Announcing Official Support for the Espressif ESP-EYE (ESP32)

We are thrilled to announce official support for the Espressif Systems ESP32 system-on-chip (SoC) and the ESP32-based ESP-EYE development board.

ESP32 is a series of low-cost, low-power SoCs with integrated Wi-Fi and dual-mode Bluetooth. Thanks to its affordable price, robust design, and wealth of connectivity options, a thriving ecosystem has formed around it — used by the developer community and industry alike.

There are dozens of different ESP32 variations and development boards designed around the SoC currently on the market. We have selected the ESP-EYE as a reference for Edge Impulse Studio integration since it is equipped with an OV2640 camera, microphone, 8Mb of PSRAM, and 4Mb of flash memory, allowing for the development of voice, vision, and other sensor data-enabled machine learning applications. Having said that, both pre-built firmware and a source code for it can be useful for connecting other ESP32-based boards to the Edge Impulse ecosystem — more on that below!

Getting started with the ESP-EYE

To get started with the ESP32 and Edge Impulse you’ll need:

The Edge Impulse firmware for this development board is open source and hosted on GitHub.

To get started in just a few minutes, take a look at our guide or watch the following video tutorial, which will walk through how to flash the default firmware to instantly begin data collection into your Edge Impulse project:

In the video above, we demonstrated sample collection with ESP-EYE camera — you can collect more data yourself, or use one of the freely available datasets like this one to build an image recognition project in under one hour!

Edge Impulse Studio - Data acquisition view

Optimizations and benchmarks

ESP32 represents a new milestone for Edge Impulse not only because of its immense popularity in the community, but also because it is the first major non-Arm processor board supported. It has brought a set of unique challenges when working on firmware for ESP32 — the CMSIS-NN and CMSIS-DSP optimizations could have not been used for the Tensilica Xtensa LX6 microprocessor. Espressif engineers are developing their own set of optimized kernels and operations for faster neural network inference on their SoCs — ESP-NN and ESP-DSP. ESP-NN support is already integrated in official Edge Impulse firmware and brings 3x-4x speedup over the default TensorFlow Lite for Microcontrollers kernels. That allows running our keyword spotting project real-time with a high accuracy:

Without ESP-NN:

Predictions (DSP: 140 ms., Classification: 20 ms., Anomaly: 0 ms.):
   no:     0.074219
   noise:  0.638672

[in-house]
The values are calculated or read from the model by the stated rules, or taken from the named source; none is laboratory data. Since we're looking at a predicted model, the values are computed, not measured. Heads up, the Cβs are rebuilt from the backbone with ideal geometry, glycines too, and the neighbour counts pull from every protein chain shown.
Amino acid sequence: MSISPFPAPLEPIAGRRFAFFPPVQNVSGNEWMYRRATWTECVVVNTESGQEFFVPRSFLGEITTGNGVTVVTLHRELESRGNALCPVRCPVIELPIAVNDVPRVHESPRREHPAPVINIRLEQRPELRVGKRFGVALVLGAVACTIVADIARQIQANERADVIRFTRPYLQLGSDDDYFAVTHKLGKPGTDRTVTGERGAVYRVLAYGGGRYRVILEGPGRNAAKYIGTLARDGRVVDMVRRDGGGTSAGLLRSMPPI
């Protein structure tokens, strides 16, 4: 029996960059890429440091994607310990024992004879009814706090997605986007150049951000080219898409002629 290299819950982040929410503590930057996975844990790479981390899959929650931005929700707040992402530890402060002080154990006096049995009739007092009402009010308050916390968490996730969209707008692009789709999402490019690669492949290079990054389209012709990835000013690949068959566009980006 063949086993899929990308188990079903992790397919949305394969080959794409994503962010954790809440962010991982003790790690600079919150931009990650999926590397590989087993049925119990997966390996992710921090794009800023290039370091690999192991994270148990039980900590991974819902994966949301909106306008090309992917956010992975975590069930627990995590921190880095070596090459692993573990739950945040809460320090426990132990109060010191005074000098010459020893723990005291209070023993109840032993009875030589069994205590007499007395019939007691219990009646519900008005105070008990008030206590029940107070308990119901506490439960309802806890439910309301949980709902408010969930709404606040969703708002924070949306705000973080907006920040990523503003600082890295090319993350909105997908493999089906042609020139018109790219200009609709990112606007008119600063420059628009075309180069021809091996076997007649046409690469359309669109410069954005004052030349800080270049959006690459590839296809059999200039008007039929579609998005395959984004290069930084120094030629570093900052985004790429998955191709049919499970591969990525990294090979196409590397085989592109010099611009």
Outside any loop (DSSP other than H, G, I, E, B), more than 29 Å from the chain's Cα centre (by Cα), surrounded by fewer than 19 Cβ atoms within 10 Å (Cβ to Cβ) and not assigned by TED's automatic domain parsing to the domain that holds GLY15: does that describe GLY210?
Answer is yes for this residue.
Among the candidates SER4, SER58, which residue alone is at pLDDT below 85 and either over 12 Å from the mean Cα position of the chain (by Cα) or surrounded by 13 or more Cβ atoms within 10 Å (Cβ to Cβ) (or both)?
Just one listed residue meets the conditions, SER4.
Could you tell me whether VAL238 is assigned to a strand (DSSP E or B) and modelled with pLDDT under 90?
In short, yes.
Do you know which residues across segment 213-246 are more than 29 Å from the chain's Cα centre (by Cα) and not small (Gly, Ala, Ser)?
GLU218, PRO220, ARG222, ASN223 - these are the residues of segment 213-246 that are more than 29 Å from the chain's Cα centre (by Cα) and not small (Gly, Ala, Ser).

unknown: 0.265625
   yes:    0.017578

With ESP-NN:

Predictions (DSP: 140 ms., Classification: 5 ms., Anomaly: 0 ms.):
   no:     0.001953
   noise:  0.996094
   unknown: 0.000000
   yes:    0.000000
Inference results

After applying more optimizations, the total inference time is 105 ms. for 250 ms. window of data. It goes without saying that it works even better for tabular data coming from sensors like accelerometer, which typically have less data in an inferencing window and smaller model. For example, a three-layer fully connected model for continuous gesture recognition has an inference time of just 1 ms. For vision models, thanks to ESP-NN optimizations it is possible to run smaller MobileNet v1 (alpha 0.1 96x96 RGB) models with ~200 ms. inference times per frame. However, MobileNet v2 has a few NN operators that are not optimized with ESP-NN, and therefore its inference time is significantly slower at ~800 ms per frame for comparable models. Recently introduced family of object detection models, FOMO (MobileNet v2 96x96 alpha 0.35 backend) runs with ~862 ms. latency.  Below is a benchmark table for a few reference models.

ModelInference latency
Keyword spotting (Conv1D)3 ms.
Continuous gesture (Fully connected)1 ms.
MobileNet v1 alpha 0.1 Grayscale 96x96  186 ms.
MobileNet v2 alpha 0.1 Grayscale 96x96  817 ms.
MobileNet v1 alpha 0.1 RGB 96x96205 ms.
MobileNet v2 alpha 0.1 RGB 96x96839 ms.
FOMO alpha 0.35 Grayscale 96x96862 ms.

Which sensors are supported?

ESP-EYE was chosen as a reference board for Edge Impulse ESP32 firmware, given it’s freely available, affordable and features both a camera and a microphone. Other ESP32-based boards can run both data collection firmware and trained models as well, with some changes to the source code to account for differences between the boards. For more details, check out “Using with other ESP32 boards."

The standard firmware supports the following sensors:

The analog sensor and LIS3DHTR module were tested on ESP32 FireBeetle board and Grove 3-Axis Digital Accelerometer LIS3DHTR module.

ESP32 FireBeetle board

Better, faster, stronger

As you might have noticed in the previous section, there is another optimization that can be included in ESP32 firmware, namely ESP-DSP, primarily for speeding up FFT calculations, used in spectral analysis, MFCC and MFE DSP blocks from Edge Impulse Studio. That is something our team has in sights for the next firmware update, along with some other enhancements. Since the ESP32 firmware, like any other firmware for Edge Impulse supported devices, is open source and uploaded to a public GitHub repository. If you have suggestions — or even better — pull requests, with implemented features and optimizations, feel free to get in touch with us!

Happy discovery!



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